This dagger is a small version of the two handed Claymore and no doubt would have been used by a Scotsman on the battlefield.
The term claymore an anglicization of the Gaelic claidheamh mòr "great sword", first attested in 1772 (as Cly-more) with the gloss "great two-handed sword". The sense "basket-hilted broadsword" is contemporaneous, attested in 1773 as "The broad-sword now used [...] called the Glaymore, (i.e. the great sword)."
Distinguished with a pommel shaped like the Scottish thistle.
The two-handed claymore was a large sword used in the late Medieval and early modern periods. It was used in the constant clan warfare and border fights with the English from circa 1400 to 1700. The last known battle in which it is considered to have been used in a significant number was the Battle of Killiecrankie in 1689. It was somewhat smaller than other two-handed swords of the era. The two-handed claymore seems to be an offshoot of Early Scottish medieval swords which had developed a distinctive style of a cross-hilt with downsloping arms that ended in spatulate swellings. The spatulate swellings were frequently made in a quatrefoil design as seen here.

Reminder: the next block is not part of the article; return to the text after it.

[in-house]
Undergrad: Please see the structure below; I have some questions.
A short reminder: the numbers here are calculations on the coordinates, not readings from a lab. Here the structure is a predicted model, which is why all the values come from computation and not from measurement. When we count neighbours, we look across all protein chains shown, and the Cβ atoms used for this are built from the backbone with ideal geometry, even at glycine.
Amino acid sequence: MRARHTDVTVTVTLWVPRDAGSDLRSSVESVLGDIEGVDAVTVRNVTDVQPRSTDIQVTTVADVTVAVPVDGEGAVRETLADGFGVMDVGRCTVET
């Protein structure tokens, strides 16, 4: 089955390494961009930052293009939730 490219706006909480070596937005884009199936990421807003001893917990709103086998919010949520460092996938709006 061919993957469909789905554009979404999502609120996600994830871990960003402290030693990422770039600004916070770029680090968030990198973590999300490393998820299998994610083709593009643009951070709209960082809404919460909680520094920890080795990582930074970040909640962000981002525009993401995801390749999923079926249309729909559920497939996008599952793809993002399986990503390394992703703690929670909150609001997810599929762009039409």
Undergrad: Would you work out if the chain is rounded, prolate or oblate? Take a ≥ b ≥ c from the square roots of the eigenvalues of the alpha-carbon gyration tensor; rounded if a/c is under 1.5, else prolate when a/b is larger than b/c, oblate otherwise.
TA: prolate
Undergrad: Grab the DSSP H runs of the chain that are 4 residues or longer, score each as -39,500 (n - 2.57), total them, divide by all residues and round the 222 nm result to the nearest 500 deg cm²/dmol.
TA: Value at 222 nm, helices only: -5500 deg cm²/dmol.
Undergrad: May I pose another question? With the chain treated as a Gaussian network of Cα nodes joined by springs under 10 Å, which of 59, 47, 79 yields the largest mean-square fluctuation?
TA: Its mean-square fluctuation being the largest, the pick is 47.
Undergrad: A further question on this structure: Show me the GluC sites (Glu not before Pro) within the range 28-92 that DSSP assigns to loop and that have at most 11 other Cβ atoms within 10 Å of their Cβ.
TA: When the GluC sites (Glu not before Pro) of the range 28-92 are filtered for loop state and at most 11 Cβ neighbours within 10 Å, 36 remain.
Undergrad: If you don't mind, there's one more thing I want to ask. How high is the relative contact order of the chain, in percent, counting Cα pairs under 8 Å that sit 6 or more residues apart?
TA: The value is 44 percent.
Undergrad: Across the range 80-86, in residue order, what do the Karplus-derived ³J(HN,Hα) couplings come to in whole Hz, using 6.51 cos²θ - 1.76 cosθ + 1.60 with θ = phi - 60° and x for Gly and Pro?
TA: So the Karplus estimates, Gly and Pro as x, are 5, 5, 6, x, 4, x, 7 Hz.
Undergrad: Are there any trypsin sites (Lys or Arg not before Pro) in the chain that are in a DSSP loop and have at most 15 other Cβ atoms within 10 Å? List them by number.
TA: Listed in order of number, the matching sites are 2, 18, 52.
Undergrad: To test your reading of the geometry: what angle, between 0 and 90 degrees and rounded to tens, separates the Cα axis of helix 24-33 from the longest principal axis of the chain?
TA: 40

Length overall: 440mm
Length blade: 274mm
Guard width: 155mm
Weight: 360 grams
Combat Rating: 3 out of 10
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